Interpersonal connections rather than computer-based • Face-to-face • Social networks • Family/peer support groups • Community health worker Culturally tailored

Improved glycemic control and diabetes-related knowledge

Provider

In-person feedback rather than computerized decision-support

Change in provider behavior and improved diabetes outcomes

Successful Interventions for Reducing Diabetes Health Disparities Level of intervention

Successful Components

Outcomes

Microsystem/health care organization

Disease management • Identification of diabetes population (registries) • Practice guidelines • Health IT to track and monitor patients • Care management*

Improved diabetes outcomes

Community/health care system



Improved minority health care

• • • • •

Culturally tailored patient education and empowerment Community coalition building and advocacy Community health workers Provider audit and feedback Quality improvement Case management*

Reduced racial and ethnic disparities in care

*Care management: Patient education addressing adherence barriers, ancillary services (labs), transportation

Six cross-cutting themes of successful disparity interventions (RWJ Foundation) • Target multiple patient barriers rather than single solution • Culturally tailor interventions • Use multidisciplinary teams • Employ interactive, skills based patient training rather than passive learning approaches • Use patient navigators • Involve family and community Chin et al, J Gen Intern Med, 2012, In press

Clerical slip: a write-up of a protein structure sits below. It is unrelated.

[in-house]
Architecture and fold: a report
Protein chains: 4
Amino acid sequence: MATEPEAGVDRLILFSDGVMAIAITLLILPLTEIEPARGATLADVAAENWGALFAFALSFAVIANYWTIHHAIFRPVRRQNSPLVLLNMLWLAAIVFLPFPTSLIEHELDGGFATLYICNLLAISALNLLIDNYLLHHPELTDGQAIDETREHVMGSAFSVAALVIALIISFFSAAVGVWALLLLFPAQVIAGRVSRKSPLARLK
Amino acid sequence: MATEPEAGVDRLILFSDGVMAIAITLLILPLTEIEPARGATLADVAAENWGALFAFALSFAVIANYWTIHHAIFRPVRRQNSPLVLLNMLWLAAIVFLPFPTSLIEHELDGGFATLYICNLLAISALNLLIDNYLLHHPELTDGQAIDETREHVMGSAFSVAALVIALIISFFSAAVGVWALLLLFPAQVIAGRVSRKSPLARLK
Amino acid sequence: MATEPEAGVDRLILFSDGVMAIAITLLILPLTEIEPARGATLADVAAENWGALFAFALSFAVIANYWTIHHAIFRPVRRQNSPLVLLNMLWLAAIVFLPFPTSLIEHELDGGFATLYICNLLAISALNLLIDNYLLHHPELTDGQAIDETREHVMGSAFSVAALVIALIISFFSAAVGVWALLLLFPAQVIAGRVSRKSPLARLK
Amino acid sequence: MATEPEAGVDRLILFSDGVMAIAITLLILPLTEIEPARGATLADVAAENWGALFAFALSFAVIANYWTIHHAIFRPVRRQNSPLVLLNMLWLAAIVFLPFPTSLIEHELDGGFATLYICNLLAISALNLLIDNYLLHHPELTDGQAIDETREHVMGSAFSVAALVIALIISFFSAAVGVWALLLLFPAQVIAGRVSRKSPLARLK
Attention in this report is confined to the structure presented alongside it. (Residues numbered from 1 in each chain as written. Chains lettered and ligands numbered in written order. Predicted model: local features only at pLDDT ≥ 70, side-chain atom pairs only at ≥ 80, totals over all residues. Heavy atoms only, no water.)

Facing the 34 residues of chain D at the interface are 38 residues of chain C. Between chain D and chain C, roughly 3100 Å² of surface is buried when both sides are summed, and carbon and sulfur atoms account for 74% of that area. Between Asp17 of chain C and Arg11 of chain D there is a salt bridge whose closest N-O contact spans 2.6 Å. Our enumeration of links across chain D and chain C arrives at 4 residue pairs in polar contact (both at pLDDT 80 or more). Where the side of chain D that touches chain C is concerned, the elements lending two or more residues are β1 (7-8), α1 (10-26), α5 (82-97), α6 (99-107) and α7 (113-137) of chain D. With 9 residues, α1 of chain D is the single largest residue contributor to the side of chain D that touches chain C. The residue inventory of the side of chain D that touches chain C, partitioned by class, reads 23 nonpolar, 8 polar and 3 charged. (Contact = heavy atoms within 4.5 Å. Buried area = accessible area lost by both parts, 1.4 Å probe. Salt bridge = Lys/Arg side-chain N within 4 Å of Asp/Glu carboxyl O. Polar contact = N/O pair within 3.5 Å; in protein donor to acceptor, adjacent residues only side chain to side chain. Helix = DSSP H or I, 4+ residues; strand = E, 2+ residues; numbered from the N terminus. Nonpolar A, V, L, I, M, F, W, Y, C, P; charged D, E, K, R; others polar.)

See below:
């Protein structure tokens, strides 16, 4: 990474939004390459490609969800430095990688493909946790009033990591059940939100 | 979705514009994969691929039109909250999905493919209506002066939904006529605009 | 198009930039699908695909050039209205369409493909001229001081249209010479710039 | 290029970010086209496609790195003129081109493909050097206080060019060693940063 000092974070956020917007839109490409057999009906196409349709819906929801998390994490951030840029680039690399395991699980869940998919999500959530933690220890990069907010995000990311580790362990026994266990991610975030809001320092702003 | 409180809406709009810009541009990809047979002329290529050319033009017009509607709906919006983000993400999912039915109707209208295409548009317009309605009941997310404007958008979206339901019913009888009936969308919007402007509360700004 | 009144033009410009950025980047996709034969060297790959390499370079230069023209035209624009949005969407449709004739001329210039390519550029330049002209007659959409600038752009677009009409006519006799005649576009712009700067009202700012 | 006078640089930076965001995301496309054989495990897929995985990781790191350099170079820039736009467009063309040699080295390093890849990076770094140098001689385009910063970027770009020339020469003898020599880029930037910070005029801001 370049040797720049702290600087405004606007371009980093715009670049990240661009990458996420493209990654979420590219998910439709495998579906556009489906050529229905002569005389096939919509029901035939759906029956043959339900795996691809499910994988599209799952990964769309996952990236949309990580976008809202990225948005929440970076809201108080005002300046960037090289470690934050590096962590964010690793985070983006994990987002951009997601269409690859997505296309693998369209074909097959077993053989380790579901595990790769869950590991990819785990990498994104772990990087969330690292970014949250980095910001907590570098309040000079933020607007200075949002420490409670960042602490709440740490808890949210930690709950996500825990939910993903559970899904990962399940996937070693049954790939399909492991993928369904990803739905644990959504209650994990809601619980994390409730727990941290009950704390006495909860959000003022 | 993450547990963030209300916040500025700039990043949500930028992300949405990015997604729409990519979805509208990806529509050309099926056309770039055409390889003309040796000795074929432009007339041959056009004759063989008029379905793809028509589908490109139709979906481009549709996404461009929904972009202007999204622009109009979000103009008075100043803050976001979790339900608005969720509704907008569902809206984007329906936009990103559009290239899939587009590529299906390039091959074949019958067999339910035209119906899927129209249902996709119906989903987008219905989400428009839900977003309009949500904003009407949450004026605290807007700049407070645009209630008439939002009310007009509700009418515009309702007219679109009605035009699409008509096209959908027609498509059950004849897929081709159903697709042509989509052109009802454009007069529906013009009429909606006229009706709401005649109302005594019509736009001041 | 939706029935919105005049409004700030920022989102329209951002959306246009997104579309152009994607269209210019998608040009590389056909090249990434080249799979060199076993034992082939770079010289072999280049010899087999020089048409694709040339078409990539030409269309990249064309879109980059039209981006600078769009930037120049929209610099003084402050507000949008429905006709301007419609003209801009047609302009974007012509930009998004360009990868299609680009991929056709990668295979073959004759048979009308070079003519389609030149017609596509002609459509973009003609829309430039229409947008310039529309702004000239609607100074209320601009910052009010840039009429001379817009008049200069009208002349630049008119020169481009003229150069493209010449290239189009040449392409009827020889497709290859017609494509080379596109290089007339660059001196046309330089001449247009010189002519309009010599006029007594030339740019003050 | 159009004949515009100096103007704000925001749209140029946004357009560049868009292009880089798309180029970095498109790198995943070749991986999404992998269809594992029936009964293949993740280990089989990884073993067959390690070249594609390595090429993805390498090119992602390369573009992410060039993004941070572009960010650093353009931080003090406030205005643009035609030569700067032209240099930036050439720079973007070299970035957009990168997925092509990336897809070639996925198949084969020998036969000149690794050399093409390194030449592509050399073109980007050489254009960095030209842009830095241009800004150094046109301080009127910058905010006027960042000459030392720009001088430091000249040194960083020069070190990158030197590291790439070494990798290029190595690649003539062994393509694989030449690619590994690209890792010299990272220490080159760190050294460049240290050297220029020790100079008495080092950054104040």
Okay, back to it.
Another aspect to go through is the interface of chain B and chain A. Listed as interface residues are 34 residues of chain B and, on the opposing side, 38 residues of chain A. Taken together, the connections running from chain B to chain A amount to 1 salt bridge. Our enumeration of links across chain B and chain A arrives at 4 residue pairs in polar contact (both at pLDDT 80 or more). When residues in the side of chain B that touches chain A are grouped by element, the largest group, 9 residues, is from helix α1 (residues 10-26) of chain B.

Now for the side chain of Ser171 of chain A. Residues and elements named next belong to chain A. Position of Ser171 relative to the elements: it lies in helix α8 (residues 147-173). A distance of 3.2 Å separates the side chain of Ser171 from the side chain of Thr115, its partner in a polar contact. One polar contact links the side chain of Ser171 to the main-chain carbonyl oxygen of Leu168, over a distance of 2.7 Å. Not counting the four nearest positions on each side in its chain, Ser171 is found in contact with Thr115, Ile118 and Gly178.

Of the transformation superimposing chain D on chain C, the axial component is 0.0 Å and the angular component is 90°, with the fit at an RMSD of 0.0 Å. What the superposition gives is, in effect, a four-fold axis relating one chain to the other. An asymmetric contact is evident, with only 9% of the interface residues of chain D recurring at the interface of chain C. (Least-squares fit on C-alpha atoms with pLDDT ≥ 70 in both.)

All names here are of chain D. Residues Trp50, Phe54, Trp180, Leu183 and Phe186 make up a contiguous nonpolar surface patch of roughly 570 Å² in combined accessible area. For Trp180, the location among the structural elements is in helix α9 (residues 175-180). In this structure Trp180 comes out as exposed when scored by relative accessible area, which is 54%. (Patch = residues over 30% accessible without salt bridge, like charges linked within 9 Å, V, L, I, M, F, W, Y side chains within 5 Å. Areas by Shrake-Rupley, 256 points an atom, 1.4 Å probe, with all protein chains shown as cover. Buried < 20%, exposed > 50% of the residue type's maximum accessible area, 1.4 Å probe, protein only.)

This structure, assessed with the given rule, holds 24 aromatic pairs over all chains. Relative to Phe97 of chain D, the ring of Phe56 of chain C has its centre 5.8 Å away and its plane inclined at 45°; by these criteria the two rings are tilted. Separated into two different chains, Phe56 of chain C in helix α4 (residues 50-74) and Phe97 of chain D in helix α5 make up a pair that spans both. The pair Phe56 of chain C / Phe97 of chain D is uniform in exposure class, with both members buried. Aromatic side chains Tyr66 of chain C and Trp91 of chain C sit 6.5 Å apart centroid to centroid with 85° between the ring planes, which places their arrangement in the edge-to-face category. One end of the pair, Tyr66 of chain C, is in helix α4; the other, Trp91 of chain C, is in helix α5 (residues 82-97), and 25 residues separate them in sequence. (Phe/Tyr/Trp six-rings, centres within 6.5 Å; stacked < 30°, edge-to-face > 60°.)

Take Home Pearls • Compared to NHWs, NHBs have worse outcomes and higher mortality from certain disorders despite having a lower or similar incidence – Coronary heart disease in diabetes

• Obesity is important contributor to diabetes risk in minority populations

Take Home Pearls • Implications of obesity definitions in different race/ethnic groups  ethnic specific cut-points for central adiposity should be determined to adequately assess metabolic risk • Little evidence that genetic differences contribute significantly to race/ethnic disparities in diabetes or its complications • Many current studies fail to specify HispanicAmerican and Asian-American subgroups

Take Home Pearls • Multi-level interventions have reduced disparities in diabetes care  design similar interventions for other endocrine disorders • Basic science, population-based, translational, and health services studies needed to explore underlying mechanisms contributing to endocrine health disparities – Increase representation of ethnic minorities in both clinical and research sectors of endocrinology and diabetes

Acknowledgements

Julie Ann Sosa

Tiffany L. Gary-Webb

Anne Sumner

Jane Cauley

Arleen Brown

Catherine Kim

Marshall H. Chin

Jose Florez, MD; James Meigs MD, MPH; Eric Vohr; Ivy Garner; Claire Twose

Blair Anton

Acknowledgements: The Endocrine Society Loretta Doan, PhD

Dr. Janet Hall

Dr. Robert Carey Dr. David Cooper

Acknowledgements: My Journey

Thank You! [email protected] http://www.jhsph.edu/research/centers-and-institutes/johnshopkins-center-to-eliminate-cardiovascular-health-disparities/